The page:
Time travel for Woodbridge building

ONE of Woodbridge's oldest buildings is to take a step back in time.The Ancient House, in Church Street, is 450 years old this year and also has a new owner after standing empty for nearly three years.

ONE of Woodbridge's oldest buildings is to take a step back in time.

The Ancient House, in Church Street, is 450 years old this year and also has a new owner after standing empty for nearly three years.

Marshall Hatchick solicitors have moved from premises in Ancient House Mews at the rear of the Ancient House and bought the historic building.

The solicitors moved in this week as part of their continued expansion in recent years and one of their aims is to turn the inner courtyard into a herb garden.


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Sue Allenby, an architectural historian, is advising the practice on the history of the building and she will prepare a design for a garden with herbs used in the Elizabethan period.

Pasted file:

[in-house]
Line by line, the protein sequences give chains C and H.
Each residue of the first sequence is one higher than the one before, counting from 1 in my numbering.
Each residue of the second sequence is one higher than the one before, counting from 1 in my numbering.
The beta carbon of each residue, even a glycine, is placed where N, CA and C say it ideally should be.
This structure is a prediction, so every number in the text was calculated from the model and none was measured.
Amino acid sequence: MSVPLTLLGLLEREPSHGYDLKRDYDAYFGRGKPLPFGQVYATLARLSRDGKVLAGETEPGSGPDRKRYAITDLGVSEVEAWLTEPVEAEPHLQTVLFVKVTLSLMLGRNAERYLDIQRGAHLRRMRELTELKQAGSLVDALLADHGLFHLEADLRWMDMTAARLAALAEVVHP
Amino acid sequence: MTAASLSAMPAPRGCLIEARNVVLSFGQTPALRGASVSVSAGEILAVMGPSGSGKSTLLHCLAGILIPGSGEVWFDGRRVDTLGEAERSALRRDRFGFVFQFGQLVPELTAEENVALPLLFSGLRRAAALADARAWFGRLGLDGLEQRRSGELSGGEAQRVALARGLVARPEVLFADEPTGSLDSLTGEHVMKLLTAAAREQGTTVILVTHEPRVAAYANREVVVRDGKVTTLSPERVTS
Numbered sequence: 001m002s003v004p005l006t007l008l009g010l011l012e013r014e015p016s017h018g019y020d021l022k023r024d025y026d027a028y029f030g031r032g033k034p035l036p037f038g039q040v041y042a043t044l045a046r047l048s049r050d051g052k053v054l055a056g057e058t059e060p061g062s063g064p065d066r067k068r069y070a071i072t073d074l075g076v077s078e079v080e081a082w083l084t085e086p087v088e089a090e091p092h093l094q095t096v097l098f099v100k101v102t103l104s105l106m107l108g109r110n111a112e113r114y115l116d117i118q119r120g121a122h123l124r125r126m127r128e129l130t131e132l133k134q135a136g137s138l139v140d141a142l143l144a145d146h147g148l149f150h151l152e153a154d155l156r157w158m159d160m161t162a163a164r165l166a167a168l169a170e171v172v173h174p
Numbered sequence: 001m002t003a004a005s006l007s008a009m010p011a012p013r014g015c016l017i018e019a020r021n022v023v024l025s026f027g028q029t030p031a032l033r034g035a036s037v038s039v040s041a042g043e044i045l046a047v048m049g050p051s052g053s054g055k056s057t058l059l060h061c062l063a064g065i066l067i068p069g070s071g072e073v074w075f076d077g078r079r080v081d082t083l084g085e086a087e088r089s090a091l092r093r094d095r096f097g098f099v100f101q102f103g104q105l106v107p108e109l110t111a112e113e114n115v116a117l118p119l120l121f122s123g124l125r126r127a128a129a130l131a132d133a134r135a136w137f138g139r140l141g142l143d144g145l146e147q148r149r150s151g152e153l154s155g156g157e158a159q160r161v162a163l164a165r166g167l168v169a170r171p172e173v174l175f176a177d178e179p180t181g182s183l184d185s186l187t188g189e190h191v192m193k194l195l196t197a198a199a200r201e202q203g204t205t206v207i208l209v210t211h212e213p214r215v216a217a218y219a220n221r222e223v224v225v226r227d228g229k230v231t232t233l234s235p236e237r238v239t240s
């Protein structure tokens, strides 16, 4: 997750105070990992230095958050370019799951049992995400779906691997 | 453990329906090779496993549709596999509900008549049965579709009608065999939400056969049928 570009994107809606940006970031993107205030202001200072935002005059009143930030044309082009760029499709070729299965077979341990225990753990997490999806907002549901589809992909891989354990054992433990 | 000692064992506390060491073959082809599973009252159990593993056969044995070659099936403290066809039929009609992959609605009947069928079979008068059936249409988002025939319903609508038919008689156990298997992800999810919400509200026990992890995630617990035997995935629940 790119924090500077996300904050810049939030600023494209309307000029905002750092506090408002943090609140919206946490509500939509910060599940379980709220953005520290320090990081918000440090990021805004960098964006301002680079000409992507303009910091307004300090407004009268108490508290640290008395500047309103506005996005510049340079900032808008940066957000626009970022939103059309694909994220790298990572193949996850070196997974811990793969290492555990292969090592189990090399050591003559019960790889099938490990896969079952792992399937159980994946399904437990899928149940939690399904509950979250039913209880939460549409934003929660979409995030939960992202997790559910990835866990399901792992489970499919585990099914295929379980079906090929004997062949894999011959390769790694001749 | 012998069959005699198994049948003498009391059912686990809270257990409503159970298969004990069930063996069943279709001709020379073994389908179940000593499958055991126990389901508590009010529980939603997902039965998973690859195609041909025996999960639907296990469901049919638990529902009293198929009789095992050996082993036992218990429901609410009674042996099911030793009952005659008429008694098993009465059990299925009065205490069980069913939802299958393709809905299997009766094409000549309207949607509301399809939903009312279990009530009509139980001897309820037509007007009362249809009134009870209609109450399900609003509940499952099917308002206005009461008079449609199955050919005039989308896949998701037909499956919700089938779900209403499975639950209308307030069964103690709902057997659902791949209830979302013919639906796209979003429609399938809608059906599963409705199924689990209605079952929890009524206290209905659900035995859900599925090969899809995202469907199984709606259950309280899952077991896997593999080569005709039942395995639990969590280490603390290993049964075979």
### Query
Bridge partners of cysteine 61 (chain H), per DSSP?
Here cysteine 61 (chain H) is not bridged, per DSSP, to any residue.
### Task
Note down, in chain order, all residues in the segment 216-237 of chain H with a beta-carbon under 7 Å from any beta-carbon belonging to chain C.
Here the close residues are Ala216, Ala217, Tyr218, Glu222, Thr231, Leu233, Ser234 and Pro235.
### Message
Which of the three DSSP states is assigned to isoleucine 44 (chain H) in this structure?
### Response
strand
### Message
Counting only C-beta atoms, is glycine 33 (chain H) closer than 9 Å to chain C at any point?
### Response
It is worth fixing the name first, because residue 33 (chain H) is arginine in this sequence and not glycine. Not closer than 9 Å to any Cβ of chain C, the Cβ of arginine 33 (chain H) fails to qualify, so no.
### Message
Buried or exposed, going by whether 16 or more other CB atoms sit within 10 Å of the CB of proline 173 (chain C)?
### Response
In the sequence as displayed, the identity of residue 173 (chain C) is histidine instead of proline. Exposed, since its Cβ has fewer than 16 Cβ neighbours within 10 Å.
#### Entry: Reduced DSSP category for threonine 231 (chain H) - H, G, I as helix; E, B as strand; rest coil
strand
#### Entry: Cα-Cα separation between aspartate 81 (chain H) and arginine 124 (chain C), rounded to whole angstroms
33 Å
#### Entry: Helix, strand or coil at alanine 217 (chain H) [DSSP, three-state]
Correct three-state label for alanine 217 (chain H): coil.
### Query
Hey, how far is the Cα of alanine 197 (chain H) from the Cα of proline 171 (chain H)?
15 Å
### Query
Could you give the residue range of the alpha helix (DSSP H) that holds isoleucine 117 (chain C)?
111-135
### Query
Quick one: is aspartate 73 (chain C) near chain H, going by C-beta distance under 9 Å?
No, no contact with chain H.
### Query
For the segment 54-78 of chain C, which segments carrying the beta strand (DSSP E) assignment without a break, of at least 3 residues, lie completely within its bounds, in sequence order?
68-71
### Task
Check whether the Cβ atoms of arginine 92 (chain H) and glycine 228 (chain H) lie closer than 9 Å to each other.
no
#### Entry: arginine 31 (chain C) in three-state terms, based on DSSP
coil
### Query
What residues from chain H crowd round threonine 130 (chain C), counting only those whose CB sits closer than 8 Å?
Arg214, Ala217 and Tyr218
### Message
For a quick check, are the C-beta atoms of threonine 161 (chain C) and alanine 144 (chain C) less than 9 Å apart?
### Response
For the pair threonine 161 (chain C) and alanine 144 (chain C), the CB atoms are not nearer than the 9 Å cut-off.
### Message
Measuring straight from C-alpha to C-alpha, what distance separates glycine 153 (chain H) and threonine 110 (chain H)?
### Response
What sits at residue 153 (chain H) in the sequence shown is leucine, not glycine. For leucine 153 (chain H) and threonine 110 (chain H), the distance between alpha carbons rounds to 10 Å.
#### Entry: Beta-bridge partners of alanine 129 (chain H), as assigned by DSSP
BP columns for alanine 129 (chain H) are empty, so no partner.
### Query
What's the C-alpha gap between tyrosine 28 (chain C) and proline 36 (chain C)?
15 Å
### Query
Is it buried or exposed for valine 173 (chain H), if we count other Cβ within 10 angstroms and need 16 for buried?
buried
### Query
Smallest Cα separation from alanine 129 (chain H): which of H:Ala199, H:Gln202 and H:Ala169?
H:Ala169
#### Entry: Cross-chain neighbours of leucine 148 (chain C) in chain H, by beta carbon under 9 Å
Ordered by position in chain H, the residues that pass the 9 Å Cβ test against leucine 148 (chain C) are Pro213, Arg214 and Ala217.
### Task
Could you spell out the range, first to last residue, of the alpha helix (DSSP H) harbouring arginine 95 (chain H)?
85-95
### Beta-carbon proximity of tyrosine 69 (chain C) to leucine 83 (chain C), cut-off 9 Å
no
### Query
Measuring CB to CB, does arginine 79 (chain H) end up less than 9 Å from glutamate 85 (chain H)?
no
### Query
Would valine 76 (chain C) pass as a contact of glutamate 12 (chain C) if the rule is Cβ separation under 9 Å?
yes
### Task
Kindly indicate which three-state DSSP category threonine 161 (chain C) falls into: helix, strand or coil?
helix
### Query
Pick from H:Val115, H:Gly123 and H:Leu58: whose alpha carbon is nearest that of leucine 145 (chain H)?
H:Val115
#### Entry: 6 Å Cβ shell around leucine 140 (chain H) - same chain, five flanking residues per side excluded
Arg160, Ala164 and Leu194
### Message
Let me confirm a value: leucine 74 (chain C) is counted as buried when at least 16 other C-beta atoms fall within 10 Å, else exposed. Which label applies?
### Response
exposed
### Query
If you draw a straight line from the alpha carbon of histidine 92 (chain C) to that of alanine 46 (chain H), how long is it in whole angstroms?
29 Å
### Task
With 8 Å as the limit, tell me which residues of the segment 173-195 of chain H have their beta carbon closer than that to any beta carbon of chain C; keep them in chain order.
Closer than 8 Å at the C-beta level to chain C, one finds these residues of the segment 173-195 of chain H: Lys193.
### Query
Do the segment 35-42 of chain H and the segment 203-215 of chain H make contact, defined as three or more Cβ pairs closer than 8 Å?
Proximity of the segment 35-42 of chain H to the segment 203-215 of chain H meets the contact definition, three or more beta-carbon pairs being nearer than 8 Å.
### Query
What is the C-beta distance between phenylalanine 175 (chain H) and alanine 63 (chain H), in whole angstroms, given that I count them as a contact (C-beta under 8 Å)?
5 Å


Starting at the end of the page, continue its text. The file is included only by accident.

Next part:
The building has been largely unspoilt through the centuries and timber beams have been retained - one is even encased by a cupboard. There is a view of the River Deben through a window of a top floor garret room.

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Mike Sparrow, a partner in the practice, said: ''Bringing in herbs like they used to have in Elizabethan times will be a step back in time."

The building was well-known in recent years when it was Noreen's tea rooms, run by Noreen Prichard-Carr.

The solicitors have decided to recreate one of the tea room traditions. Noreen's was famous for Citron cakes and Peter and Christine Wright, of The Cake Shop, Thoroughfare, are to make the cakes for the practice to hand out to clients on Tuesday mornings for a few weeks.

In later years the Ancient House was used by an architect and then a solicitor. Planning permission has been granted for the building to be turned into a house but Marshall Hatchick decided it was ideal for their business.

richard.smith@eadt.co.uk

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